Official newspaper of The University of Texas at Austin

The Daily Texan

Official newspaper of The University of Texas at Austin

The Daily Texan

Official newspaper of The University of Texas at Austin

The Daily Texan

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October 4, 2022

Divine Canines celebrates 20 years of helping people with therapy dogs

Courtesy Bells and Whistles Productions

For just a few minutes, the thoughts of a looming exam, an approaching deadline or a presentation fade away in the presence of an adorable dog. Even after the pups leave, the tranquility remains. 

In 2004, Lee Manix and Tori Keith founded Divine Canines, a nonprofit organization dedicated to training volunteers and their dogs, turning them into therapy teams that visit locations at no expense. They started with just five dog-handling teams, and now, according to their website, approximately 175 active teams visit more than 120 facilities across Central Texas and help thousands of people. In their time of service, Divine Canines has trained more than 600 dogs.

“I can’t believe it’s been 20 years,” Keith said. “It really goes back to the volunteers. The people who do this are so high-quality and dedicated. They love dogs, they love people and they’re the ones that make it work.”

Before Max Woodfin became executive director of Divine Canines in 2013, the organization almost exclusively visited places like senior living centers, hospitals, psychiatric facilities and elementary school reading programs. Shortly after he started with the organization, groups within colleges and universities like UT began reaching out. 

“Some volunteers thought (visiting universities) would be fun and wouldn’t be as hard as going to places like a hospital,” Woodfin said. “I schedule (the visits) as much to benefit our volunteers as to benefit the students because it really does give (the volunteers) a more fun visit with their dog.”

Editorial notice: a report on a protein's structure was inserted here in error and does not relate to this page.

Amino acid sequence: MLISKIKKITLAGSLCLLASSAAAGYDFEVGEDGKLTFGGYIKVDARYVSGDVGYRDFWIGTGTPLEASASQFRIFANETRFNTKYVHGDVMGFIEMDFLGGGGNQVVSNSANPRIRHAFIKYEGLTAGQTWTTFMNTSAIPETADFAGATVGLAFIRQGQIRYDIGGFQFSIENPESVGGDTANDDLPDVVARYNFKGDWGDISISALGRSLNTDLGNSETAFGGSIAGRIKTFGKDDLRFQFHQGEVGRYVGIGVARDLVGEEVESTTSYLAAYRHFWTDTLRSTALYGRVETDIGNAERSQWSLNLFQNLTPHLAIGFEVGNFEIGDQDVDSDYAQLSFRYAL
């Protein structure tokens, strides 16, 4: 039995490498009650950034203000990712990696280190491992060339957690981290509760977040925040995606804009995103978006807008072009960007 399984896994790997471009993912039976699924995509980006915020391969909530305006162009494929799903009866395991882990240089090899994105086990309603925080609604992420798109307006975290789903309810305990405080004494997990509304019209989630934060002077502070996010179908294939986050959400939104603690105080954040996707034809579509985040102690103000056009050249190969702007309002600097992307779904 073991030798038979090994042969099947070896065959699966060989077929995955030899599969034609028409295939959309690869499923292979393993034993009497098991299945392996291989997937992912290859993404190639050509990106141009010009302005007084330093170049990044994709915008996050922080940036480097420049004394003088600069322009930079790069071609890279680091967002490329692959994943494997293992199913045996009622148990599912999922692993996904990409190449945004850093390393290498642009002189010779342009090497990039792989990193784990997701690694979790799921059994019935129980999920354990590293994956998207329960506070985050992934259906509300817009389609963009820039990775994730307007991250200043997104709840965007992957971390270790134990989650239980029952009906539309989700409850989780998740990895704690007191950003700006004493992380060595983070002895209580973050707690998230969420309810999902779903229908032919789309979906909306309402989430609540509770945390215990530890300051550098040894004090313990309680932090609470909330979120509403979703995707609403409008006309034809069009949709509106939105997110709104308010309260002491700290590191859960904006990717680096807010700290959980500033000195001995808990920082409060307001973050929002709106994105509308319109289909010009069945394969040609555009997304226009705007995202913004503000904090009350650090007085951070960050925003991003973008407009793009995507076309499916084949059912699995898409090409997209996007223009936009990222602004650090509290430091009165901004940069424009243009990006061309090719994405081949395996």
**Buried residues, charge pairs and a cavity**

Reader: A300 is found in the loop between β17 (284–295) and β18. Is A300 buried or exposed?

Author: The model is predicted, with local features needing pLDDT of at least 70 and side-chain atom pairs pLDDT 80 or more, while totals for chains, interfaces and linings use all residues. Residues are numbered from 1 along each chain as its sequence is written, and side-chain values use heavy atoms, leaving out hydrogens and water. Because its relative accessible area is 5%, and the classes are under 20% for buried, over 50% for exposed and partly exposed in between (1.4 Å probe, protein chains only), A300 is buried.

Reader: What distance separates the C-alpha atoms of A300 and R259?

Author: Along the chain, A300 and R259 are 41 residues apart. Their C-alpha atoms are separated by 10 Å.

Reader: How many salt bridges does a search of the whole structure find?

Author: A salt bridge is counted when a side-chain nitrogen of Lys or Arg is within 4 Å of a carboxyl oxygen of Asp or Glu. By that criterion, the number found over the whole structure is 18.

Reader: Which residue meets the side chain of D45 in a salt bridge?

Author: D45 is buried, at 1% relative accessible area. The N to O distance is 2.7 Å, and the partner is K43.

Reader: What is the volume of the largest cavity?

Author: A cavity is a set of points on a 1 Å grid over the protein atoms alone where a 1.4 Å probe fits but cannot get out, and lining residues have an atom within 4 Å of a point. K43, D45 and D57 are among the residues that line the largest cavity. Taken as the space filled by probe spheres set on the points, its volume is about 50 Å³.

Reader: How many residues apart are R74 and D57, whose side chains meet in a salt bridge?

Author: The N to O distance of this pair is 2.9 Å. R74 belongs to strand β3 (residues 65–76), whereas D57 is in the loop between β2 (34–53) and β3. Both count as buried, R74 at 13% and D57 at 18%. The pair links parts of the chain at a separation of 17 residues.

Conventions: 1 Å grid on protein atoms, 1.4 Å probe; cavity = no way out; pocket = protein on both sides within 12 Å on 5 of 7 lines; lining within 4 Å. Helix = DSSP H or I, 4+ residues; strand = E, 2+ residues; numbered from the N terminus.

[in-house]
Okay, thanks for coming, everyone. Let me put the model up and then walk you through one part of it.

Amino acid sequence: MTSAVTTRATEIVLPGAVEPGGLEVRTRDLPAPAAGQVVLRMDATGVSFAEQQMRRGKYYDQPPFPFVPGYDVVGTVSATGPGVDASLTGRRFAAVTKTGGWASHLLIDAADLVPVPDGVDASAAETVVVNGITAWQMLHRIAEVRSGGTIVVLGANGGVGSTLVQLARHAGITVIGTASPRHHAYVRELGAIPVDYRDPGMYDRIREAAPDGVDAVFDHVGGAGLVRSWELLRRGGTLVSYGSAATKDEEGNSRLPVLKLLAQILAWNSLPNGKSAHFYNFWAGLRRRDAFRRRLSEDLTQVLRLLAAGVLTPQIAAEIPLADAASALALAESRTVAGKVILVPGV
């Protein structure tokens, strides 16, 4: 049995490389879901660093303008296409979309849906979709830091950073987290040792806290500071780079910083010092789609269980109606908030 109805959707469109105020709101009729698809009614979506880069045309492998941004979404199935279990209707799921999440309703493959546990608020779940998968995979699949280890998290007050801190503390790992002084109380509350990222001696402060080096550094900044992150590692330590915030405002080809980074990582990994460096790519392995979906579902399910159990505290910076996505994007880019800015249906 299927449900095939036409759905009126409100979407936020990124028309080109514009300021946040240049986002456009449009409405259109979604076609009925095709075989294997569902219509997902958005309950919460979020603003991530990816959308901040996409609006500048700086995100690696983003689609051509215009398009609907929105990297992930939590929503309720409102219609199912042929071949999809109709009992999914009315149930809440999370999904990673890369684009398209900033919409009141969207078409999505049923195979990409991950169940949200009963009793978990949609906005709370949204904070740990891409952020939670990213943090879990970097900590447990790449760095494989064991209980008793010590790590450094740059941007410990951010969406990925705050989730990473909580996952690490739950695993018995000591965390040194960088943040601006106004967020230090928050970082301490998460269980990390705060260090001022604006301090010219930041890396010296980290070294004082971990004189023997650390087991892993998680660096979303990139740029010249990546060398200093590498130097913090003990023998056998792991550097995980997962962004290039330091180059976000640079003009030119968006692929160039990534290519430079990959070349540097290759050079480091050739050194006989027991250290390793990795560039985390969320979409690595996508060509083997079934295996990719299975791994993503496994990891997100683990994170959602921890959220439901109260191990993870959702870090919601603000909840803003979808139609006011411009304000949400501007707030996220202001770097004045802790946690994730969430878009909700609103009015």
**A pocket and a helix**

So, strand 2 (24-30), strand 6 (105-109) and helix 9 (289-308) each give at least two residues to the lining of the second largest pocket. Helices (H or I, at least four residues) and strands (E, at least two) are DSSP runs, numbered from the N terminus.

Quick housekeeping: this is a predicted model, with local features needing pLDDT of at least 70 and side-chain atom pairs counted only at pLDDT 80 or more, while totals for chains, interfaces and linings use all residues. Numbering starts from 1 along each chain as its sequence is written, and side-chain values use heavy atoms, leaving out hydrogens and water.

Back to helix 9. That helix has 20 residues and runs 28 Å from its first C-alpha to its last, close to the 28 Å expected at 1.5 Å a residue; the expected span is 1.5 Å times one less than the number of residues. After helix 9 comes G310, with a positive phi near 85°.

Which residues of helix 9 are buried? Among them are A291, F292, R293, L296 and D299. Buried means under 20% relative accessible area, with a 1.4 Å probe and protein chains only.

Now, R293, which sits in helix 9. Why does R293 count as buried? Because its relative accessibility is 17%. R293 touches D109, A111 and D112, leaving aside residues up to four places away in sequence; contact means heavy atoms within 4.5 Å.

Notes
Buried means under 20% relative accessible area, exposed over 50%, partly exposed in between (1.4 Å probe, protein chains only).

Kyle Clark, Assistant Dean for Advising and Director of Student Support at Moody, works with Divine Canines to provide students with a break during exams. 

“Just being in the space (with the dogs) is so calming and relaxing,” Clark said. “They’re so chill, and you can feel the stress oozing off of you, even if it’s for a short period of time. We’ve had some (students) that just come and stand in the room, and that was enough for them.”

Scientists at Washington State University have shown that, in addition to improving a student’s mood, interactions with a dog or cat can significantly reduce cortisol, a stress hormone. Sarah Thomas, a volunteer and chair of the board at Divine Canines, said the dogs don’t just provide relief from exams but are also a reminder of home. 

“A lot of students have dogs at home that they haven’t seen in a while, and that’s probably super hard on them,” Thomas said. “Even if it’s not seeing their dog, it’s seeing a dog, and that’s probably really heartwarming for them.”

Divine Canines provides services at no cost thanks to fundraisers like Barks for Beers, which Woodfin said brings in 70-85% of their operating budget and celebrates its 10th anniversary in May. These services provide lasting impacts and memorable stories for the volunteers and clients. 

“My favorite part of volunteering with Divine Canines is making a connection with the clients,” said Erin Van Landingham, a volunteer and chair-elect of Divine Canines. “They come to life when the dogs are around, and we just hope that we brighten somebody’s day.”

Editor’s Note: A previous version of this story incorrectly listed the number of active dog-handling teams and has been corrected to reflect that. The Texan regrets this error.

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